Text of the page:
Dr. Srivastava and colleagues had retrospectively reviewed 168 patients receiving AUS placements from 2008 – 2016. Patients requiring revision had either pressure-regulating balloon (PRB)-only correction or revision with cuff and PRB exchange. Bootstrapped intervals estimated mean time-to-failure for individual AUS components. Survival analysis using Kaplan Meier estimates compared individual component survival as well as device survival by revision technique.
The median follow up was 2.7 years (IQR: 1.1, 5.9) with 63 patients (37.5%) requiring AUS correction. The most common cause of device failure was PRB malfunction (36.5% of all device failures), while cuff or pump malfunction was rare. Stratifying mechanical failure, device failure due to PRB malfunction occurred later (4.82 years after initial placement) than failures attributed to cuff (1.32 years) or pump malfunction (0.38 years) (p<0.05). Lastly, among patients undergoing surgical revision, those undergoing only PRB correction had similar outcomes to those cuff and PRB replacement (71.1% vs. 68.9% device survival at 2.5 years after first revision; p=0.46).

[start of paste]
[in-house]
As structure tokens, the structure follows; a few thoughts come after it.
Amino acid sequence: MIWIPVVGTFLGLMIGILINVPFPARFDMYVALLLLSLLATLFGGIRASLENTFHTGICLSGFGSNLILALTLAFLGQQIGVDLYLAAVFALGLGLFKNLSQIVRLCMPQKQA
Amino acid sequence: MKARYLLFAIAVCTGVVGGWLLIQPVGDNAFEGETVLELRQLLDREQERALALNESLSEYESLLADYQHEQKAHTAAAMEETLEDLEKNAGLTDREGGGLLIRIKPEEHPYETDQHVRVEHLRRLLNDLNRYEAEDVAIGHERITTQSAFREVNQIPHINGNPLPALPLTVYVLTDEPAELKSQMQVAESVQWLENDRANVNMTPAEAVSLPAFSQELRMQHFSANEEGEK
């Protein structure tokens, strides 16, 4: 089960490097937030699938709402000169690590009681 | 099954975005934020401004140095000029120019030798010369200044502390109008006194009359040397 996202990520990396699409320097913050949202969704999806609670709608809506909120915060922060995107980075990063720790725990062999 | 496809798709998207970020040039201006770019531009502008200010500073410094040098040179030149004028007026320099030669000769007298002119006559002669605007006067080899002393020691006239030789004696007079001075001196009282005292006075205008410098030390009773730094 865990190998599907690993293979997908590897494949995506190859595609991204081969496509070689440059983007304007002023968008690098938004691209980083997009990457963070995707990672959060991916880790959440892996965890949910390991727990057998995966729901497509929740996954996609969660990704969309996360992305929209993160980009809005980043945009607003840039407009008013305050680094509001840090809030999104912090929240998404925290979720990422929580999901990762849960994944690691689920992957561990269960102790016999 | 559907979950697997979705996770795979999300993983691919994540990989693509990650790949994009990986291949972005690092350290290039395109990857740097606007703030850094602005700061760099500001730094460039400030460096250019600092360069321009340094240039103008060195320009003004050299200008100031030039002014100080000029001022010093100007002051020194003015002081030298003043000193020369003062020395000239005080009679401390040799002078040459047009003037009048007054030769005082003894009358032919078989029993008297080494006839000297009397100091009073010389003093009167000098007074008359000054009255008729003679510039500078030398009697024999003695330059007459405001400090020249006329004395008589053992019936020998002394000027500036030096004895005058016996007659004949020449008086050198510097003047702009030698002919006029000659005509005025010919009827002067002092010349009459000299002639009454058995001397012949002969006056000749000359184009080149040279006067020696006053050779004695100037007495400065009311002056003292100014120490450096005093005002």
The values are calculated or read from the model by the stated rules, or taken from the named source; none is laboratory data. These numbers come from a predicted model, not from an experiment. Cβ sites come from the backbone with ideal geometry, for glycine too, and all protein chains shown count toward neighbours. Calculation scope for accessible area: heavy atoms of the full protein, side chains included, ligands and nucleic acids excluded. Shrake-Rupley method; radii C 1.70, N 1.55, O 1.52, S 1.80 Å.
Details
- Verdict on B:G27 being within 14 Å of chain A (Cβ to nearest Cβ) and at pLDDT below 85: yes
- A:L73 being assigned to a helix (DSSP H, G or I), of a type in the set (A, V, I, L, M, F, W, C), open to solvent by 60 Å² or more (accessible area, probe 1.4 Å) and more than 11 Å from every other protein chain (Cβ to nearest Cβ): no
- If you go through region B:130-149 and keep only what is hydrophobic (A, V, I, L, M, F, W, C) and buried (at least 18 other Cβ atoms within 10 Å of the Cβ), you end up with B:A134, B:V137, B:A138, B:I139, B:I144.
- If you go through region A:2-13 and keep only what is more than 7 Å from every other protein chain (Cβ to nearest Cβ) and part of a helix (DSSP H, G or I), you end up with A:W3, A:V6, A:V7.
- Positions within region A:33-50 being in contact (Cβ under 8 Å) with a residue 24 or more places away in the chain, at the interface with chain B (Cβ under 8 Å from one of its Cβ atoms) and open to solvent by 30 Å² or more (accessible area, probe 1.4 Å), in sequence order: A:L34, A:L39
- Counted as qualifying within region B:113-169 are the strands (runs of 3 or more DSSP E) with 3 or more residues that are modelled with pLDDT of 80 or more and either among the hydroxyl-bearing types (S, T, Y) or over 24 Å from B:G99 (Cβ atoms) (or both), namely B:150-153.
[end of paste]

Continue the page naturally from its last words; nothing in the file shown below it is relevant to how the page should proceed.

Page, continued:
In conclusion the PRB malfunction is the most common cause of AUS failure in this cohort. PRB-only correction appears to satisfactorily restore AUS function in some patients. Consequently, initial interrogation of the PRB may spare patients a second incision and urethral exposure for many patients requiring AUS revision.
Presented by: Arnav Srivastava, BA, MPH
Co- Authors: Gregory Joice MD, Hiten Patel MD, MPH, Madeleine Manka MD, Nikolai Sopko MD, PhD and Edward Wright MD, Johns Hopkins Hospital, Baltimore, MD
Written by: Bilal Farhan, MD, Female Urology Fellow and Voiding Dysfunction, Department of Urology, University of California, Irvine at the Society of Urodynamics, Female Pelvic Medicine & Urogenital Reconstruction Winter Meeting (SUFU 2018), February 27-March 3, 2018, Austin, Texas